June 4th 2020. Today, the ECB Governing Council held a meeting to decide how its response to the Covid crisis will develop. Despite a growing mobilization and multiple calls, coming from all the corners of society, the ECB is sticking to its guns: it will keep on funding big polluters, including fossil fuel companies. At odds with both the EU Commission’s intentions and its own climate statements, the ECB durably weakens chances of a green and just recovery.
The ECB Governing Council gathered today to discuss the rest of its response to the Covid crisis. The response, already historic in scale, was further strengthened with 600 billion euros more in asset purchases in 2020-2021, for a total of 1 700 billion planned asset purchases and 1 470 billion for Covid-related asset purchases alone.
This meeting was a key opportunity to put the ECB’s monetary policy at the service of the ecological transition, thus responding to economical urgency while building a fairer, more sustainable society, and avoiding future Covid-like shocks. However, the governors decided to fully ignore this major issue.
Today, the Governing Council failed to integrate climate into both the “business as usual” monetary policy and the crisis response. Even worse, they committed to finance big polluters and fossil fuel companies without any regard for European climate objectives. This ignored the calls from 45 NGOs demanding that the ECB deliver a profound shift on climate integration at this decision-making meeting.
Paul Schreiber, campaigner at Reclaim Finance, indicates: “The ECB, its President Christine Lagarde, and governors, like François Villeroy De Galhau, are simultaneously acknowledging climate urgency and refusing to act. This stance is unbearable, we now know that the ECB is not neutral but finance climate change. If the ECB’s President claims that by buying a few green bonds of the ECB contributes to the ecological transition, she cannot say that it does not contribute to climate chaos when it massively buys bonds linked to new fossil fuel projects.”
The asset purchases that the ECB just decided to strengthen are especially to blame. Reclaim Finance showed that quantitative easing finances 38 fossil fuel companies, including 10 active in coal and 4 in shale oil and gas. Most of these companies – like Shell or Total – plan on greatly increasing their fossil fuel production and one of them – Fortum – is even involved in the opening of a new German coal power plant. According to Greenpeace, the ECB’s Covid-related asset purchases already funded fossil fuels to up to 7.6 billion.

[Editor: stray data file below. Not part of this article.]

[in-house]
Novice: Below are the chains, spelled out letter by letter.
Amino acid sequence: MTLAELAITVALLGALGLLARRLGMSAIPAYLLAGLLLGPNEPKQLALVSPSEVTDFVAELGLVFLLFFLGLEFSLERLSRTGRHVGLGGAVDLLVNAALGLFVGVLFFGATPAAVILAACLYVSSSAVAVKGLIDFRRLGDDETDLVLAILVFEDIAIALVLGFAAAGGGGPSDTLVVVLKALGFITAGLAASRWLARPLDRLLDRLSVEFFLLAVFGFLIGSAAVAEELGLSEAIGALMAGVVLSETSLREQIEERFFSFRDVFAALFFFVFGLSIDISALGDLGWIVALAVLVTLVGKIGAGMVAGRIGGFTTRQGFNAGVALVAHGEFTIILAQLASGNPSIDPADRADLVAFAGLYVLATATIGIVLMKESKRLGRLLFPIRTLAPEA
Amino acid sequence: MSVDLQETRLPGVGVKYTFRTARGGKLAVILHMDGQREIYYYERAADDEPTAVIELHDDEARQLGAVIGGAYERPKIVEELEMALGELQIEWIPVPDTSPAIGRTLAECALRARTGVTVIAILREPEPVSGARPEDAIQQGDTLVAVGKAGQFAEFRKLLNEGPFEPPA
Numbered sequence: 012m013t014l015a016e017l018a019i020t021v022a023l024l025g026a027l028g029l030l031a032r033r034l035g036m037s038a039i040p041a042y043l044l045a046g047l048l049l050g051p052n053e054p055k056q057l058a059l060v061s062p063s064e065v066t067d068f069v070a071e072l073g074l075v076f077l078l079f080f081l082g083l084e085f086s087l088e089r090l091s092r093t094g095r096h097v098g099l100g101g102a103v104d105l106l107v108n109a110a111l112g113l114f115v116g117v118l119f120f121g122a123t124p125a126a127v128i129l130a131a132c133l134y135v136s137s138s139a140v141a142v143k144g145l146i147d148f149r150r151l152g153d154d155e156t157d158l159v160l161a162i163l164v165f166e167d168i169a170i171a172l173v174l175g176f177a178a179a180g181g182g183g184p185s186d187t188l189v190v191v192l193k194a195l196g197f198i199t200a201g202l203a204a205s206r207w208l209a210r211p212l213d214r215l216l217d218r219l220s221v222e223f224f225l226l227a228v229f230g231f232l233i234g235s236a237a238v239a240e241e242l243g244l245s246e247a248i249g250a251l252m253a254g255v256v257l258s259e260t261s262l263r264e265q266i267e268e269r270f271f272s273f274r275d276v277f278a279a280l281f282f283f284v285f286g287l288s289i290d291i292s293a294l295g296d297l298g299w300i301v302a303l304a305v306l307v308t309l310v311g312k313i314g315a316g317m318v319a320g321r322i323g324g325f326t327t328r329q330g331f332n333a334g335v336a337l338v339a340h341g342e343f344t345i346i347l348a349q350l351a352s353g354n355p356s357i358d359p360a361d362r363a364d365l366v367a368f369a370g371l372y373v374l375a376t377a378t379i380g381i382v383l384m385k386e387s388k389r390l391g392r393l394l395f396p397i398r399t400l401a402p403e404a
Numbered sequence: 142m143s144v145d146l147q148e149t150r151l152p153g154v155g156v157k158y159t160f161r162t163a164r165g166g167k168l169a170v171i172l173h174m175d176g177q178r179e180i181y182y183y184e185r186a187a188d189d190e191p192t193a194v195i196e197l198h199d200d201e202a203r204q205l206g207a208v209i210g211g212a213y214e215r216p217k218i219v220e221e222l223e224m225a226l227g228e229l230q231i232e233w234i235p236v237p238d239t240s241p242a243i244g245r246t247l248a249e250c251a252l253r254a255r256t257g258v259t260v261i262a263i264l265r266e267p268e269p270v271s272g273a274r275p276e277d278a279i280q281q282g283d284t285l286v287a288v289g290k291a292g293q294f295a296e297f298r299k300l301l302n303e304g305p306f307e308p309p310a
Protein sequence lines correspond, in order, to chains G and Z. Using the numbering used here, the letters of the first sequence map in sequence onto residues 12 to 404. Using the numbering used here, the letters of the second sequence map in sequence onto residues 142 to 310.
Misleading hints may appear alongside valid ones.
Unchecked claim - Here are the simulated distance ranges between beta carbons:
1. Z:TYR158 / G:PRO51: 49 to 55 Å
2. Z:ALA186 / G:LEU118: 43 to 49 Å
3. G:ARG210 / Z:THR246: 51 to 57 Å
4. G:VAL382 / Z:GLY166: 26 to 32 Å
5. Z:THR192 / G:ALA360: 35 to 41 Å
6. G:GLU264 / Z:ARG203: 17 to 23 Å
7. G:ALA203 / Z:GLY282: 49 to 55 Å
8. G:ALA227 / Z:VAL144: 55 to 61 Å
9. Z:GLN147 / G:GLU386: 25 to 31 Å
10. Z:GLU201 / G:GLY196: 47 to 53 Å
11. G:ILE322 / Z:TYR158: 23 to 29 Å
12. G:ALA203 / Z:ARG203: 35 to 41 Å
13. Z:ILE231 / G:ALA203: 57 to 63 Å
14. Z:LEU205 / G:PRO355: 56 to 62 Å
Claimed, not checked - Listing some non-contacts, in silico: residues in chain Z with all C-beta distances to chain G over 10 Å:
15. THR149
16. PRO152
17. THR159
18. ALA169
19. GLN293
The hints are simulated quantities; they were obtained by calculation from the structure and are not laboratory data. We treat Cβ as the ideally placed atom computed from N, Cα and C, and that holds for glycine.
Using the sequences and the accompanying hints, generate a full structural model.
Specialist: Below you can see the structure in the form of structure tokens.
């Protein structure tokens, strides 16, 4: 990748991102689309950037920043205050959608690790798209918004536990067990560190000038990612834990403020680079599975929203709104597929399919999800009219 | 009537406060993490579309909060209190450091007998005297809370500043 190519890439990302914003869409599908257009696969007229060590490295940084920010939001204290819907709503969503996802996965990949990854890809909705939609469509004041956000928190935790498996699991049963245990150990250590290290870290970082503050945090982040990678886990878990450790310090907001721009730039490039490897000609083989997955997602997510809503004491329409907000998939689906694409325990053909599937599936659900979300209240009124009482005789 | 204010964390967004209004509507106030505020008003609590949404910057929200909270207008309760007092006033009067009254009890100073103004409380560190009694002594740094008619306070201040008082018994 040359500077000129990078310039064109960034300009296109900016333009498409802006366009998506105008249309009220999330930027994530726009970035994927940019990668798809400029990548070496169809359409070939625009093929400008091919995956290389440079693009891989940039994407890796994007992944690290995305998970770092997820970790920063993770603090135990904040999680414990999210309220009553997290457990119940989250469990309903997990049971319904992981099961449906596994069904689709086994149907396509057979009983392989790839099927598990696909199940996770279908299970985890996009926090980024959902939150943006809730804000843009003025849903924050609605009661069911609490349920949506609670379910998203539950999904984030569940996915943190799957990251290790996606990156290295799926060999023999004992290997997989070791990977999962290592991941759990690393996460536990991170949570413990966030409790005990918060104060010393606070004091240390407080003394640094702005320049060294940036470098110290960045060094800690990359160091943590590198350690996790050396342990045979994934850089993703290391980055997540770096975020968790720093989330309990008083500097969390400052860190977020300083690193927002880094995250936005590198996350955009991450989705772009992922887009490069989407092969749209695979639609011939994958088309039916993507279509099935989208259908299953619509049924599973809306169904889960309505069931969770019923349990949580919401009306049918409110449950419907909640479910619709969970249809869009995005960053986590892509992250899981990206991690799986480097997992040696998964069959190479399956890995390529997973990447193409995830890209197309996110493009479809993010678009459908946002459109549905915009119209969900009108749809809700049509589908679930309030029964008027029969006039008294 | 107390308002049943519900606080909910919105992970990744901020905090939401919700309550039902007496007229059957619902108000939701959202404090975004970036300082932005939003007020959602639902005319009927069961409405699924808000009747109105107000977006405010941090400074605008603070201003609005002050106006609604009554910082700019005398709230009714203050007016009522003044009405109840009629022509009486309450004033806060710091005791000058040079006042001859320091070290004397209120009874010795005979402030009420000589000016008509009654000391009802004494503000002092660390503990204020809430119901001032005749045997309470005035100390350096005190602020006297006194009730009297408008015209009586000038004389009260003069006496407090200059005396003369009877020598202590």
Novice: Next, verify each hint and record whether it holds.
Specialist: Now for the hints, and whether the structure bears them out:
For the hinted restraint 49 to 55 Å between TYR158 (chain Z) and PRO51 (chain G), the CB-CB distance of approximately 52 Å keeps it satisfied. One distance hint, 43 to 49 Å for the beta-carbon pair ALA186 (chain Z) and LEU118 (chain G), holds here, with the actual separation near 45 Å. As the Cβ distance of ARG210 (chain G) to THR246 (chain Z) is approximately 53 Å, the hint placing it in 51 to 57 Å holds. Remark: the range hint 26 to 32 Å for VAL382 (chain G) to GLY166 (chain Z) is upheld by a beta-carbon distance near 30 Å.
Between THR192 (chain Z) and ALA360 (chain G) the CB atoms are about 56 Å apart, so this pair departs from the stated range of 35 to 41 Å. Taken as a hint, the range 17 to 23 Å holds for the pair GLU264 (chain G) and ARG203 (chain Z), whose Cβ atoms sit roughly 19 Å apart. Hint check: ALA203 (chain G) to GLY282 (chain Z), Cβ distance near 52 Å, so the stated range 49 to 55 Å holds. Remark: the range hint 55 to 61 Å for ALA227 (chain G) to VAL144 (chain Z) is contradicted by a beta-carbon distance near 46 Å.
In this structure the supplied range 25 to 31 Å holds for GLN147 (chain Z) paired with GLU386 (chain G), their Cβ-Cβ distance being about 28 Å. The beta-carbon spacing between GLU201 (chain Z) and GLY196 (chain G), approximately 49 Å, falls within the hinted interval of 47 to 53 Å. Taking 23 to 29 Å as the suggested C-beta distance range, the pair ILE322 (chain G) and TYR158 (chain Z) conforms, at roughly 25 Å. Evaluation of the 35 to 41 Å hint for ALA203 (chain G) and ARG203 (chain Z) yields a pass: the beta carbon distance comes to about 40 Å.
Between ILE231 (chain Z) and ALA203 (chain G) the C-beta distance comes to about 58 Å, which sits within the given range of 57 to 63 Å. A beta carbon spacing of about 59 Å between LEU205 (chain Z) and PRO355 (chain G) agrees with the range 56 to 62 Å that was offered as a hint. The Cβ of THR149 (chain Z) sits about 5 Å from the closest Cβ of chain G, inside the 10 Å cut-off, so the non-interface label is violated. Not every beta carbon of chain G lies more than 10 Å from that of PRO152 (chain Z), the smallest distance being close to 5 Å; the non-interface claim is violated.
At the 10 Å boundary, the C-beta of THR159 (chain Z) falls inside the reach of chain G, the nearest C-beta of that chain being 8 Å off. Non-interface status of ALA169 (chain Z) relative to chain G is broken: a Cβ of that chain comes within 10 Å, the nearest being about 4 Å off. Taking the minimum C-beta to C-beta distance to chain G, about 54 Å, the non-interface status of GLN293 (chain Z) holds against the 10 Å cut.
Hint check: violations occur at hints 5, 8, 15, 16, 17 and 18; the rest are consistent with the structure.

Thus, the 600 billion euros increase in asset purchases could finance polluters to up to 90 billion. Therefore, the ECB could channel up to 220 billion to these companies while indiscriminately buying corporate assets to respond to the crisis.
Leyla Larbi, campaigner at SumOfUs, said: “The ECB is playing both fire-fighter and arsonist by strengthening multinational corporations pushing our climate to the brink with billions of euros. Tackling climate chaos is not a vague commitment to put down on paper and read from time to time at press conferences. The devastating effects of the climate crisis are already here, and we can only expect the worst. Imagine the immediate and long-term damage these dirty multinationals will continue to cause with those extra no-green-strings-attached billions of euros. The European post-covid economic recovery project is a historic opportunity to bring lasting and meaningful change for the planet and all its inhabitants. While progress is made, we cannot let the ECB ruin all these efforts. »
More than 100 000 citizens signed the SumOfUs, 350.org and Reclaim Finance petition calling for the ECB to stop fueling climate change. French and German elected representatives asked the same thing. European citizens also called out the ECB’s President and governors on social media and by email.
Nick Bryer, campaigner at 350.org, said: “By recklessly buying billions in fossil fuel bonds the bank is propping up the single biggest obstacle to tackling the climate crisis – the fossil fuel industry. This is increasingly looking like a recovery package for polluters, not people, despite the growing support for a truly green and just recovery.”
Paul Schreiber | firstname.lastname@example.org
Lucie Pinson | email@example.com | 0033 6 79 54 37 15
Leyla Larbi | SumOfUs | 0033 7 5096 0130 | firstname.lastname@example.org
Mark Raven | 350.org, 0044 20 7097 3819 | email@example.com